It’s important to realize that once you’ve been promoted, your job has substantially changed. Many IT Professionals fail to recognize this shift and languish in their new role as Team Lead, Manager, or Director. I’ve seen it countless times at the companies where I’ve consulted.

Need proof? Think back to the first few weeks or months as a new database administrator or application developer. How much did you know, really know, about your job? At the time you may have thought you knew it all, but if you’re honest with yourself, you didn’t. Think about how much more you know now.

The same applies to your new job. You may feel like you know how to manage others and work at a higher level in the organization, but trust me when I say there’s plenty more to learn.

New Job, Same Preparation

That’s not to say that everything you learned in your last role is now obsolete. On the contrary, we can supplement that expertise with newfound and complementary knowledge and once again prepare to excel in our new role. The good news is that you already know how to do this – just take the same approach that landed you the promotion.

Dive Into Your New Role

In much the same way you seized your prior technical role and sought out every bit of information you could in your area of expertise, you can and should do the exact same thing in your new role. How?

  • Seek out podcasts on how to manage a technical team. I like Manager Tools series of podcasts.
  • Look for blogs that are dedicated to effective management.
  • Attend a non-technical conference. Once again I hear good things about the Manager Tools conferences.
  • Read books on effective communications and leadership. There are classics like anything from Peter Drucker and Dale Carnagie’s How To Win Friends and Influence People as well as more contemporary books like Good to Great.
  • Join associations.

Expand Your Horizon

In your prior role, you may have found it valuable to learn some ancillary technologies to help you do your job better. The same is also true for your new role.

  • Get involved with ToastMasters International.
  • Read books about making presentations. Presenting to Win describes how to create an engaging presentation.
  • Learn more about negotiations tactics.
  • Look for opportunities to improve your budgeting and financial skills.

You Can’t Improve What You Don’t Measure

As a database or network professional, you may have found that capturing statistics and benchmarking data paid off in many ways. Metrics help determine when things are begining to depart from the norm. They can be used to help predict when upgrades will be needed. And they can be used to identify where the problem really is, and more importantly where it isn’t.

Metrics can be used in your new role, too. Capturing metrics can help you to justify new expenditures, identify gaps in your current levels and processes, and benchmark your areas of responsibility. Remember the adage: you cannot improve what you don’t measure.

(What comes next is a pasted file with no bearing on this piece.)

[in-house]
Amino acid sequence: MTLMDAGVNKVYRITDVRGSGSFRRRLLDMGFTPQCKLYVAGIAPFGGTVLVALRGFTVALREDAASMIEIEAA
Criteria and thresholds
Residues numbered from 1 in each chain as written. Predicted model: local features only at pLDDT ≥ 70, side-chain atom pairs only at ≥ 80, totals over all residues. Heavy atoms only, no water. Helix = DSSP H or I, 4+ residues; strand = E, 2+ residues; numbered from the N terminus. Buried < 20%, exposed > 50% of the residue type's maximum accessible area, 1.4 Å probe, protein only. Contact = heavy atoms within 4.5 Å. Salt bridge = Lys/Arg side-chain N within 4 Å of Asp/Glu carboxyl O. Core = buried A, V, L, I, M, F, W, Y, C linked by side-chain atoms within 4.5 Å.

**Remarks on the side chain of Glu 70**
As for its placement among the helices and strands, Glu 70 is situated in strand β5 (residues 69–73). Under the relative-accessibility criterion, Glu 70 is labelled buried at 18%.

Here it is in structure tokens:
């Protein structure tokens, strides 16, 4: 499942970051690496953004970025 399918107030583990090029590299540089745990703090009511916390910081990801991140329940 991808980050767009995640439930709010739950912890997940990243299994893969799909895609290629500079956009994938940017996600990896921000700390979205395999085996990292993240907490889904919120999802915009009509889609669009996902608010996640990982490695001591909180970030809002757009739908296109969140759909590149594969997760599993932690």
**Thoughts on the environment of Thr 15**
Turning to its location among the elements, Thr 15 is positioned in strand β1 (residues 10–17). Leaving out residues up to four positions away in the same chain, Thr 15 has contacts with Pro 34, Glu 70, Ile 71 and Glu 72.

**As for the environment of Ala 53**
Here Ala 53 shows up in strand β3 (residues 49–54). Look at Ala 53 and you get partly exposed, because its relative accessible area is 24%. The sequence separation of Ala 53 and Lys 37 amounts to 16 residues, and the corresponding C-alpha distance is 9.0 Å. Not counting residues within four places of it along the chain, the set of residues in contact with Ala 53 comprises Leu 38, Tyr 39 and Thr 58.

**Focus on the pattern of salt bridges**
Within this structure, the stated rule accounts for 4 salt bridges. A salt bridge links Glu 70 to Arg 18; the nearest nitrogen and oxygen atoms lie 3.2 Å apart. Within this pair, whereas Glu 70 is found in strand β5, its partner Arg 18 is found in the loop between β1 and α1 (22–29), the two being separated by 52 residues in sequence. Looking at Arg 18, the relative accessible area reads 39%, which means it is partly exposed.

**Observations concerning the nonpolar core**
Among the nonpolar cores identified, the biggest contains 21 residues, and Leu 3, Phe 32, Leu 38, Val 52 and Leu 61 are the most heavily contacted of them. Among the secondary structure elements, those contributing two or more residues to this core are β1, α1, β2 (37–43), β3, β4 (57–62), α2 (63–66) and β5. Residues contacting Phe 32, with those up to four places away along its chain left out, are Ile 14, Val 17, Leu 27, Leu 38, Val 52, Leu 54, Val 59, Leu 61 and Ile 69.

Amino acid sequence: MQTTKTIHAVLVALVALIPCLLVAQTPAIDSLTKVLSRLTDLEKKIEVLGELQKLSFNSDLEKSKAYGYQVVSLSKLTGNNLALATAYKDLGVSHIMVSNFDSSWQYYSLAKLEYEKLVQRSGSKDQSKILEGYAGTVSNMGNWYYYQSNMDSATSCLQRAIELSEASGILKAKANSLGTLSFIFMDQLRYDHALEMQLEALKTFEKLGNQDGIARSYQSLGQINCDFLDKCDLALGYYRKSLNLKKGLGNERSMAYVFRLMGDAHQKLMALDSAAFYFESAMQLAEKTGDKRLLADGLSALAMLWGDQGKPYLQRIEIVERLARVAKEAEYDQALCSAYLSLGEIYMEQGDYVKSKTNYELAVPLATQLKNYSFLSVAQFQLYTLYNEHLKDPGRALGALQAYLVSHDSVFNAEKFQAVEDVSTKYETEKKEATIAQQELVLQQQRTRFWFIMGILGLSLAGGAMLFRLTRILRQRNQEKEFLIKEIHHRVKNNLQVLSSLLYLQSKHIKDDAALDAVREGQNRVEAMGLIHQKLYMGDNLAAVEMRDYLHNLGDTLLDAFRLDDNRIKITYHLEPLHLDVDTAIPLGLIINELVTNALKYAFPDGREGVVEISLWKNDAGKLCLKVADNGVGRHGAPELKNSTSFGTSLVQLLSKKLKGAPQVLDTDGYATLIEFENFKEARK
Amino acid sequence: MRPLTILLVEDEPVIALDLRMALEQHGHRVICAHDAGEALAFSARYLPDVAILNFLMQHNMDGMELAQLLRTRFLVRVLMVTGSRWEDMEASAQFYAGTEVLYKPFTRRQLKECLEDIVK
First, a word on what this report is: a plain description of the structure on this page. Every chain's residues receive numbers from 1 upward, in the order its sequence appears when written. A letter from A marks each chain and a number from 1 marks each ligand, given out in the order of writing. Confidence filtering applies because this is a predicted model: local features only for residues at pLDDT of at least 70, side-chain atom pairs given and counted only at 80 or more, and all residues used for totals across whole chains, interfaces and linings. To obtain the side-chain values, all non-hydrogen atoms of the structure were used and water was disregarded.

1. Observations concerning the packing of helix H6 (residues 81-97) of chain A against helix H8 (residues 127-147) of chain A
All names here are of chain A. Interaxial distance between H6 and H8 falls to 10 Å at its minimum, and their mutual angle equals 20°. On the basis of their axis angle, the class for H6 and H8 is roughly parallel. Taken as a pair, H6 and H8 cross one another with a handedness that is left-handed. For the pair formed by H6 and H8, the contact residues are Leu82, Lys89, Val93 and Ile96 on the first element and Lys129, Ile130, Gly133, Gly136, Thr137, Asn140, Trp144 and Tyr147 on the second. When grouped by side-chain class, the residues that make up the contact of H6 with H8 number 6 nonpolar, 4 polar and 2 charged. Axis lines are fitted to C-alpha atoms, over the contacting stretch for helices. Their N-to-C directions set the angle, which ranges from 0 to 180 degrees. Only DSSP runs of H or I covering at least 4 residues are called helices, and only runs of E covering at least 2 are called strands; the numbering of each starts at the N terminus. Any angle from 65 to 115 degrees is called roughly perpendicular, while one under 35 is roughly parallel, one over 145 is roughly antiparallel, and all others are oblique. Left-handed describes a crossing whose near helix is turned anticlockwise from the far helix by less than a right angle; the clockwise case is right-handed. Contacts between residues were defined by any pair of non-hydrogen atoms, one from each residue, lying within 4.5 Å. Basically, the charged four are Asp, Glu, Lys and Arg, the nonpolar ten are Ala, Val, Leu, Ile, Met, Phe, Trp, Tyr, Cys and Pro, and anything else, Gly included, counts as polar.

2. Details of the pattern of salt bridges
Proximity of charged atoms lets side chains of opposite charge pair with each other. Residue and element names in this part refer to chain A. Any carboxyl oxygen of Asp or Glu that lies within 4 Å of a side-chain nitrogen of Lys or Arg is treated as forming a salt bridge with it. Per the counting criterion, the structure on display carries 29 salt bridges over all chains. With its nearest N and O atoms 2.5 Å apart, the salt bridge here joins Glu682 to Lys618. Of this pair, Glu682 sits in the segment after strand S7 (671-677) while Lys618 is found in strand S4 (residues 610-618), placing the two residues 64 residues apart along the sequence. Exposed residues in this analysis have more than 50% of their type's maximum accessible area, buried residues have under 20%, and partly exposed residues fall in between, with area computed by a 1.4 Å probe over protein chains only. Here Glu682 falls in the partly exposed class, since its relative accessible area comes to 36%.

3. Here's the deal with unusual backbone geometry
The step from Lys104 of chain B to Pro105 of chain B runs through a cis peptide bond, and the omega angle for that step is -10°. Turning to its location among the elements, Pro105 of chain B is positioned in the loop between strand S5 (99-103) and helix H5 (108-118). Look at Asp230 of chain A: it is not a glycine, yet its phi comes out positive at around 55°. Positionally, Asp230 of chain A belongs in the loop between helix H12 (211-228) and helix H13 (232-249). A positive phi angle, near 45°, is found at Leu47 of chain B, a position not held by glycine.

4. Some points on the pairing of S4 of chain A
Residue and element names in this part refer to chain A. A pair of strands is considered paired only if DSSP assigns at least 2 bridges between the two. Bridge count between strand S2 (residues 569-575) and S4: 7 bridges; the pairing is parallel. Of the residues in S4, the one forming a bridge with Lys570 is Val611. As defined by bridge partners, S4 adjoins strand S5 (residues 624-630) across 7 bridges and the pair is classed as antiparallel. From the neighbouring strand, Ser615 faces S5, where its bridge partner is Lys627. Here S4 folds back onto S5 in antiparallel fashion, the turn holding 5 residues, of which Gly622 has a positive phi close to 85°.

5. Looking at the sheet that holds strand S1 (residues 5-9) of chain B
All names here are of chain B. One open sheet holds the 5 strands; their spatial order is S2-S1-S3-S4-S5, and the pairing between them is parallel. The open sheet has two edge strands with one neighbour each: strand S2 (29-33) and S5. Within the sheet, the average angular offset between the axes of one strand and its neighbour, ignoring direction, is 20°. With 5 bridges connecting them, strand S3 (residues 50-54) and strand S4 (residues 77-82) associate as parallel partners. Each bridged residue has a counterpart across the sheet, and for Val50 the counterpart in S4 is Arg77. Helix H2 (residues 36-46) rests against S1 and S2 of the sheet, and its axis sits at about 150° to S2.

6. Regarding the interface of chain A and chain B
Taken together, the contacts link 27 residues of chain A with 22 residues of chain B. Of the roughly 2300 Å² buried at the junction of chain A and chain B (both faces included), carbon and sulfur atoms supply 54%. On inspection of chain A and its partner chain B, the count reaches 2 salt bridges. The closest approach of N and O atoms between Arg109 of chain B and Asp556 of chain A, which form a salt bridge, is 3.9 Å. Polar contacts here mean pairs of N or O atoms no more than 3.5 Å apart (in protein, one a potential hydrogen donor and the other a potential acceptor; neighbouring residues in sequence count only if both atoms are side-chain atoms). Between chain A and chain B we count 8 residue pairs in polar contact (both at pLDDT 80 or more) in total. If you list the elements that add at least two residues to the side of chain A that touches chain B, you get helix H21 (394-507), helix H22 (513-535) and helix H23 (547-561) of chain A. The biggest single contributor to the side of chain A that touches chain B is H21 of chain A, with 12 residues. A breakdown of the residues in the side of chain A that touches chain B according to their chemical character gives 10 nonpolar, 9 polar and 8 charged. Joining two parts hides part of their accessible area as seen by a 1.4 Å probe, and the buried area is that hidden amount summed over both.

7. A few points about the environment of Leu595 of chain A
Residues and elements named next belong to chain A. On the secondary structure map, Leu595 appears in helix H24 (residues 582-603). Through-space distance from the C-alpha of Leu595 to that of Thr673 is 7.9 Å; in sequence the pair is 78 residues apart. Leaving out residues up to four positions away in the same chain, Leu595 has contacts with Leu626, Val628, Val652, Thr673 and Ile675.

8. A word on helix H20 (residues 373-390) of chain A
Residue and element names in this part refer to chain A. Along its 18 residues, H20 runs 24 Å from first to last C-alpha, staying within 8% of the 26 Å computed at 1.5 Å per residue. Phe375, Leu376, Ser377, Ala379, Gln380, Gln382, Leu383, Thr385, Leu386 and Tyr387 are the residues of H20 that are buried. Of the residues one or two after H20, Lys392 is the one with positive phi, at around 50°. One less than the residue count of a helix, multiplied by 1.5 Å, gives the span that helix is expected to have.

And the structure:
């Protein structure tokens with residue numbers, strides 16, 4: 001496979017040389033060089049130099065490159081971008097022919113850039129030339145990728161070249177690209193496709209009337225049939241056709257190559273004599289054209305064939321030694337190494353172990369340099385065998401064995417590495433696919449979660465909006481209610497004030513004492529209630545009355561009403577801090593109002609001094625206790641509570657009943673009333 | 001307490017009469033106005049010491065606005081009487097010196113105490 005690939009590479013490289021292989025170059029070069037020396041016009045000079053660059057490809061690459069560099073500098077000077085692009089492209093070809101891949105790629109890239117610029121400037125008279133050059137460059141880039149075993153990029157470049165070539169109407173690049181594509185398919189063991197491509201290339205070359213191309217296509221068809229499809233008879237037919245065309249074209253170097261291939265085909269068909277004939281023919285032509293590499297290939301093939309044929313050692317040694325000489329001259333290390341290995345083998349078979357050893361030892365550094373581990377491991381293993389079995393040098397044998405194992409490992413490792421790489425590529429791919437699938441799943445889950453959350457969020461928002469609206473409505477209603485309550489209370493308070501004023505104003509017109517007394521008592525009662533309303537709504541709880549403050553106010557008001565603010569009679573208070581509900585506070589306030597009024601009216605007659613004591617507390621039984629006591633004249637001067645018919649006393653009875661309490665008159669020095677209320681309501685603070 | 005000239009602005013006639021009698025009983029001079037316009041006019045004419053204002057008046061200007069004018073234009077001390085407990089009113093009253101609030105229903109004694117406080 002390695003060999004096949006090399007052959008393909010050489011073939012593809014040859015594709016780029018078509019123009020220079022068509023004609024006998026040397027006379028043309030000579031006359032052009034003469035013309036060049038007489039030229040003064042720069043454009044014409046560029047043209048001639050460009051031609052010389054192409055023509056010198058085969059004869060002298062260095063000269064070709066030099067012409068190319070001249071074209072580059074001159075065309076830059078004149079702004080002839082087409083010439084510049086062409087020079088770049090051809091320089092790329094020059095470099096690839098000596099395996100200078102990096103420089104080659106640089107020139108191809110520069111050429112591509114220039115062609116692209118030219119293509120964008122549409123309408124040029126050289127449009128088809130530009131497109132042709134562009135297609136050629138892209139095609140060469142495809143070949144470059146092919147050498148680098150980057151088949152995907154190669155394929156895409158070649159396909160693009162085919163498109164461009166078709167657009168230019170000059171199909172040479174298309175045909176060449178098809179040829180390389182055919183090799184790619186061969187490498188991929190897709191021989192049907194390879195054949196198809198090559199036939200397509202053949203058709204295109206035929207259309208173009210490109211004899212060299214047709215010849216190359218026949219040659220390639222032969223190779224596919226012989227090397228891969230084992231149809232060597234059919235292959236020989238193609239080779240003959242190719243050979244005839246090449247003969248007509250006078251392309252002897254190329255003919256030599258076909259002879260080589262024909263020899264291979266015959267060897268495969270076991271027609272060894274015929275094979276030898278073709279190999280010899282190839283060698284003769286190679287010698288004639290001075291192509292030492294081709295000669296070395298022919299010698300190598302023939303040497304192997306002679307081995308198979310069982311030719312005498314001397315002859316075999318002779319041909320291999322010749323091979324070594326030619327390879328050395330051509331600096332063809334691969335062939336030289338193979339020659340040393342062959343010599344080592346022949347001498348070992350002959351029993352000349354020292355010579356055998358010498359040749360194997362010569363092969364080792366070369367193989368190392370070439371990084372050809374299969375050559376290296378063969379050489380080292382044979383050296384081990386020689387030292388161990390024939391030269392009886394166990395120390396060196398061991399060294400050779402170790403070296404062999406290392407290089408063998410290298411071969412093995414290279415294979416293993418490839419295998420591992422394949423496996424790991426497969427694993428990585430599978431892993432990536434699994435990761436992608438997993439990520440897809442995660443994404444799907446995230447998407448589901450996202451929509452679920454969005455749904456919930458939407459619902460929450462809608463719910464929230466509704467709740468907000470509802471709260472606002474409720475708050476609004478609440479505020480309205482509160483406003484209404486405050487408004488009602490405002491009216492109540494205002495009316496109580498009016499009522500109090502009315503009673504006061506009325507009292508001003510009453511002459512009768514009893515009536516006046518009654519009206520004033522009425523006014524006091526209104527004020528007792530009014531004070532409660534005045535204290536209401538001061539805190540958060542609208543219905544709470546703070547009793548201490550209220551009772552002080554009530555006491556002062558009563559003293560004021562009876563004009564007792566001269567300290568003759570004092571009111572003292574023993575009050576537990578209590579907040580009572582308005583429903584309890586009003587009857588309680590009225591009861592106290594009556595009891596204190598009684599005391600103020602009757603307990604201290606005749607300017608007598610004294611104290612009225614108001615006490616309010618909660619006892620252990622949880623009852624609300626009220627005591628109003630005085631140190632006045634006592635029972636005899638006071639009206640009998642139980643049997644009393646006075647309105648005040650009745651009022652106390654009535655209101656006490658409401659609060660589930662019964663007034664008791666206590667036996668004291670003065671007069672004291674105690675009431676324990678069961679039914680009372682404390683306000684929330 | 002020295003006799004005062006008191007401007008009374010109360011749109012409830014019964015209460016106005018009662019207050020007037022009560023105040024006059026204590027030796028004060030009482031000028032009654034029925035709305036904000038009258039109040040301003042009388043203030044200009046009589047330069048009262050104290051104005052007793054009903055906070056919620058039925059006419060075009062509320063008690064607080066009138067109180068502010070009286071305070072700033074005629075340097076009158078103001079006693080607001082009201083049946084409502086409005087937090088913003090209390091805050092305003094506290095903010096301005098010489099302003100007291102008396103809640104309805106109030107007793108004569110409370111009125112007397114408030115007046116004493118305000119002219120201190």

Show Me The Money

Redundancy, high availability, and up-time are all good concepts and even measurements in some cases for technical people. We can see how they naturally help us to achieve our goals. However, oftentimes those concepts are a bit too abstract for other people, particularly those who may hold the pursestrings. In those cases, putting the concept or technology into financial terms often helps. For example the cost of a High Availability solution may be $200,000. That sounds expensive until you realize that the cost of being down for just one day is $500,000. In that case, $200,000 maybe well worth the investment depending on the probability of an outage.

The same tactics can be employed in your new role. Learn to associate your projects and requests with financial measures. Calculate the Return On Investment. The practice will help you to better understand the real need (or lack of real need). And it’ll help form a good basis for your request to your boss.

Carpe Diem

Although I couldn’t find a reference for it, I believe it was Tom Peters that once quipped “Nothing begets failure like success.” I believe he meant that once a company was successful at one endeavor, it was in danger of always trying to repeat that success and thus stifling true innovation.

As individuals, we are susceptible to that as well. If we, in our new job, continue doing the exact same set of tasks that made us successful in our prior role, we will doom ourselves to failure. However, we can employ the same fervor, the same passion, and the same tactics that lead to our prior success in our new roles and seize the day.

So I Got Promoted, Now What? Stop Doing Your Old Job